Sean Sanby and co. craft jazz intricacies in their Out of the Candlelight album

Sean Sanby has an exquisite ear for modern jazz. Composer and bassist, he has been circuiting the Cape Town jazz scene for a while now with a degree in Jazz Performance under his belt and freshly returned from an 18-month international stint playing for Matilda the Musical.

Stepping into his own right, he’s just dropped his debut album – composed entirely by Sanby and brought to life by a collection of forthright young jazz musicians – Brathew van Schalkwyk (piano), Muneeb Hermans (trumpet), Jesse Julies (tenor sax), Damien Kamineth (drums) and Bradley Prince (guitar).

Out of the Candlelight is a nod not only to his intricate jazz composition but also to contemporary influences which weave themselves into the mix in the form of African textures, folk rhythms and whiffs of R&B – even as “Give Me Time” is peppered in lo-fi guitar distortions.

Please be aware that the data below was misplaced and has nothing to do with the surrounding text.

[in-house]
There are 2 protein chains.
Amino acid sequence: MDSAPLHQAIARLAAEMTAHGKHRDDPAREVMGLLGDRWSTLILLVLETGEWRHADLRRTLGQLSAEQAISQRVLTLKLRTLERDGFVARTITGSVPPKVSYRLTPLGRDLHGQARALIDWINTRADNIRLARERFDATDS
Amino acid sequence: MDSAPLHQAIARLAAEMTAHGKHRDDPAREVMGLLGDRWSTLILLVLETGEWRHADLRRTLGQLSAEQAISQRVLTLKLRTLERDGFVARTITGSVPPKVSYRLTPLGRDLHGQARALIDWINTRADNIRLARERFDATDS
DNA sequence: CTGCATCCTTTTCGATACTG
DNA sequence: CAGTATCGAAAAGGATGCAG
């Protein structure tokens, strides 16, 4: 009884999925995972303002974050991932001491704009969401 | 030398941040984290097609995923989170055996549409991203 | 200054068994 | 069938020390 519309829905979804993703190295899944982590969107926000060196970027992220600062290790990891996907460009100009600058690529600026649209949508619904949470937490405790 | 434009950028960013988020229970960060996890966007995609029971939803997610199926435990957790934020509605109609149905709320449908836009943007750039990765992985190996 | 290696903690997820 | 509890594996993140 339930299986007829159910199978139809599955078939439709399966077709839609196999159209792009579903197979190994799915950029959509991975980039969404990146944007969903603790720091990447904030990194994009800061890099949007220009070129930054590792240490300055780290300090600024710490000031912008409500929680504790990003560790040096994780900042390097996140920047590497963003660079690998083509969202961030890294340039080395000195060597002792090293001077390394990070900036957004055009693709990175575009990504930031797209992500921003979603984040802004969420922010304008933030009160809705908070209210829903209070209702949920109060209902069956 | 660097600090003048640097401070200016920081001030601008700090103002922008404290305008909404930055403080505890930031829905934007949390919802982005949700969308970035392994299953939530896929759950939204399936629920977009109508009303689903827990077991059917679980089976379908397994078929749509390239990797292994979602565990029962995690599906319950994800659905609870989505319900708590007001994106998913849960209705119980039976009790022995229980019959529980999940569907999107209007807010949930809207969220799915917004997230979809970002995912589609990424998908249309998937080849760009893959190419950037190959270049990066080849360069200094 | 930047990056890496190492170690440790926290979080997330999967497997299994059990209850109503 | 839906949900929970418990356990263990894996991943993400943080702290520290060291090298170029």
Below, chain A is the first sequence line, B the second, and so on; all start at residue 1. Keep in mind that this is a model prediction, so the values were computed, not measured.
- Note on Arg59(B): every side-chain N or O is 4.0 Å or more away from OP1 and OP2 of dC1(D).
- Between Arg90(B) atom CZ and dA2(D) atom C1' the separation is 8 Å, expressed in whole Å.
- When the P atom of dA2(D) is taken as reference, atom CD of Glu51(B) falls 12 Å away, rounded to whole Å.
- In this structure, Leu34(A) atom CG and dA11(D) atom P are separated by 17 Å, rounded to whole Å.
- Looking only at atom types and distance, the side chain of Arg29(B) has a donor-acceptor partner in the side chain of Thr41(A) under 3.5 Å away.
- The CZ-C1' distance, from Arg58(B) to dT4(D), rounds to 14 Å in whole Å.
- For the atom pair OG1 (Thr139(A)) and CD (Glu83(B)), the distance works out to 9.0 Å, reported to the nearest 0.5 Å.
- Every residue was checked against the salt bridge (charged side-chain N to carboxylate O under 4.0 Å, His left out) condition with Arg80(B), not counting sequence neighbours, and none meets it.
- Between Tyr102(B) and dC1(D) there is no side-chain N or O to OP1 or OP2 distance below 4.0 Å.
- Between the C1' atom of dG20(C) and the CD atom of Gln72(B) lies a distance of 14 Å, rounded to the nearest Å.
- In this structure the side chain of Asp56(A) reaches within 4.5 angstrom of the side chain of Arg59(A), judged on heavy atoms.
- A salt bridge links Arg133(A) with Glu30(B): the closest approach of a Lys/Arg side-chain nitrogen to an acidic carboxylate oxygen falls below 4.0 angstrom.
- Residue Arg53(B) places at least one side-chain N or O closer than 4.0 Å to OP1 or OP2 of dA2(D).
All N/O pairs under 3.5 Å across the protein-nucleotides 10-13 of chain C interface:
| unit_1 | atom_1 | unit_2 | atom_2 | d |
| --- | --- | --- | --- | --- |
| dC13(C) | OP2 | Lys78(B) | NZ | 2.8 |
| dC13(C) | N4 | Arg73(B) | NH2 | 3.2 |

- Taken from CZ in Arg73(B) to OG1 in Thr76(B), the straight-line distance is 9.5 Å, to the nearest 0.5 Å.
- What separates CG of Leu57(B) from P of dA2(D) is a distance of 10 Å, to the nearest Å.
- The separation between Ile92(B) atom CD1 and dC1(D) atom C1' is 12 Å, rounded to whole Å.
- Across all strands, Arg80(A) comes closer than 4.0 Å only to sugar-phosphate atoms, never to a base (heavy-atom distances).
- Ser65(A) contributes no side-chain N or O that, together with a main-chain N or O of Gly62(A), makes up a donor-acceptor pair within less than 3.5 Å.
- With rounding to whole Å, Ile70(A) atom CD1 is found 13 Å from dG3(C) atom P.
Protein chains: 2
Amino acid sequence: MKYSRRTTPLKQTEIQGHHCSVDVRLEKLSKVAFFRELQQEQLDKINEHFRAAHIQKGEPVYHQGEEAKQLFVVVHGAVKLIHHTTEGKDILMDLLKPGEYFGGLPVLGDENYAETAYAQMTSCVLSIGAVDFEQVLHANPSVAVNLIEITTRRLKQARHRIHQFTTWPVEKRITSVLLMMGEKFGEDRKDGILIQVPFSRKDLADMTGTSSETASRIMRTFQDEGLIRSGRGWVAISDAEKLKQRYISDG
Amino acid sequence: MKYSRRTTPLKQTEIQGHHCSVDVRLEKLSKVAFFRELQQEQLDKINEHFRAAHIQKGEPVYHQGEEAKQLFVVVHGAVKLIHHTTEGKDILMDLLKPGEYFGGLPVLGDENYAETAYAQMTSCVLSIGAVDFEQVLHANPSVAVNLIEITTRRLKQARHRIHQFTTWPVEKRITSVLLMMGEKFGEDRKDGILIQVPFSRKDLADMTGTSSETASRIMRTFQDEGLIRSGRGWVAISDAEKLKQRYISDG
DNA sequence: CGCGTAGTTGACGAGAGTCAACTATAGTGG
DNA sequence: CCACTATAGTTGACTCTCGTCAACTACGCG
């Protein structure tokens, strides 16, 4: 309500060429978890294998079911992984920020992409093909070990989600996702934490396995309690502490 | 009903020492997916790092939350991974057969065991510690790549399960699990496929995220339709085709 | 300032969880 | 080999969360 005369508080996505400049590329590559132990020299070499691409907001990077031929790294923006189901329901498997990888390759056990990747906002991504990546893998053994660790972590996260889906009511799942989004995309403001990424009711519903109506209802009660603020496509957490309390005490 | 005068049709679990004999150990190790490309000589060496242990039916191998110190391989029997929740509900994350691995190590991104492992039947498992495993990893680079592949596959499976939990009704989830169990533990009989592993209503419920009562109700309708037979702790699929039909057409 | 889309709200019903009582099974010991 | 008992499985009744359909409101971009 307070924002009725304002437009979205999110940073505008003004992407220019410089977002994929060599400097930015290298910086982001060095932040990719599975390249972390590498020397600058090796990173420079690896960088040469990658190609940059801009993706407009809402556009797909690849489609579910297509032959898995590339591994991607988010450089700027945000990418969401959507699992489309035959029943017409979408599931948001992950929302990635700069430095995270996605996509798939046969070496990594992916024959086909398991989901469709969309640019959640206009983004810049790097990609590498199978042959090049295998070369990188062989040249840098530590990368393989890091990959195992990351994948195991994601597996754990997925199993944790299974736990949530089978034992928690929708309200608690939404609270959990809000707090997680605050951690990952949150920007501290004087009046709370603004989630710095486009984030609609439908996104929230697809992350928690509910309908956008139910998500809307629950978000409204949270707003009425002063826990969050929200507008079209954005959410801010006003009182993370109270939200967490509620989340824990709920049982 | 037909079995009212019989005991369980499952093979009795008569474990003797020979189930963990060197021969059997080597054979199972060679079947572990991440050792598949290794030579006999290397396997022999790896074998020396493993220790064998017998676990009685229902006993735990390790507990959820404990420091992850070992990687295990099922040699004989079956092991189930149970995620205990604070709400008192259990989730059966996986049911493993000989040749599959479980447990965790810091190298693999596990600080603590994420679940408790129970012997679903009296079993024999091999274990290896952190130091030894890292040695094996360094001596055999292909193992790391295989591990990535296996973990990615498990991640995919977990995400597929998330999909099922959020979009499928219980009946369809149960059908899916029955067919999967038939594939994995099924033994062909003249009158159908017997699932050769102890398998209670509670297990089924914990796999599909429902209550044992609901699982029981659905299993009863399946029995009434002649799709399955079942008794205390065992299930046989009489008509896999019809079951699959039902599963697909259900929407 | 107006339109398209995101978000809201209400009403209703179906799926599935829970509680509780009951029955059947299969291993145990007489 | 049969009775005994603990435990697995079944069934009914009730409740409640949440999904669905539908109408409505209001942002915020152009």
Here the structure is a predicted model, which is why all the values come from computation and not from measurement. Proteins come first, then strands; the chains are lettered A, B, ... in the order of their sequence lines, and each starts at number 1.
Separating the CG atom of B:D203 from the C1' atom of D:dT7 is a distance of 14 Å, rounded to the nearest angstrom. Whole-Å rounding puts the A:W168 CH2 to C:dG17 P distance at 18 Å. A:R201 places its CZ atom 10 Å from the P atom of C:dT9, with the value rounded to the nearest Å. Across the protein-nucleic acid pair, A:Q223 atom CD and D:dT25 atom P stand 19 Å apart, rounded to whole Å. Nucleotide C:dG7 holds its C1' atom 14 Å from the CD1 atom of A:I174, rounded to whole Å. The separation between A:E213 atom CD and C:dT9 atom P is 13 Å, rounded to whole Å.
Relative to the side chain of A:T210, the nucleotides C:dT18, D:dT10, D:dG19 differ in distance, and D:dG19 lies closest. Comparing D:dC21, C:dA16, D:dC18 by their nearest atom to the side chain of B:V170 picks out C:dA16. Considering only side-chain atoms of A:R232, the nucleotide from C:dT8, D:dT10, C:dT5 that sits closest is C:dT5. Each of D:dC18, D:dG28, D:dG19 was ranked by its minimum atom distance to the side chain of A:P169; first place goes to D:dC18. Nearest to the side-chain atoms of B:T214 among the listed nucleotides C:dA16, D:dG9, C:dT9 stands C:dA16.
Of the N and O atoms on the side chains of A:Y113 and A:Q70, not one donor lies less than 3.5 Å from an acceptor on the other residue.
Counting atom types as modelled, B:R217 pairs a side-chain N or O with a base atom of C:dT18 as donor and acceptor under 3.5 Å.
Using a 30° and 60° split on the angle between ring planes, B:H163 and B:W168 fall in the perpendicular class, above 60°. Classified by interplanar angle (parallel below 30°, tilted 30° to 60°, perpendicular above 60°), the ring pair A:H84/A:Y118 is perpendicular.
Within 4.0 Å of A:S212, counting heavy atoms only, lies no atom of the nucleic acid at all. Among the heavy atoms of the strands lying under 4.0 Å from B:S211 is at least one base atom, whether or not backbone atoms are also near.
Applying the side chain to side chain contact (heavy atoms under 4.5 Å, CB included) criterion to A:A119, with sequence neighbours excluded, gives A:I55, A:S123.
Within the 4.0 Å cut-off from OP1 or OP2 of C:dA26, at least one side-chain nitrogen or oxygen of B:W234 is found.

The 10-track album spans a comfortable hour of languid 8-minute compositions which knit one into the next. They have a tendency to move through stages. “In Essence” kicks off on a stripped, singular bassline and clattering percussion before lapsing into languorous brassy tones and trumpet solos. “Starscrapers” starts off gossamer-fine – all airy piano lines – before blossoming into a full blown left-field jazz conglomerate.

The titular track is richly textured and eases in with post-modern flair which would sit comfortably in a musical soundtrack – as would the guitar-led “Dreamers”. There’s a marked and effortless progression to each track as it moves through its motions. “Rise and Fall” is described in my notes after the first listen as “super magical, crazy beautiful” and perhaps that is the most apt way to phrase it all.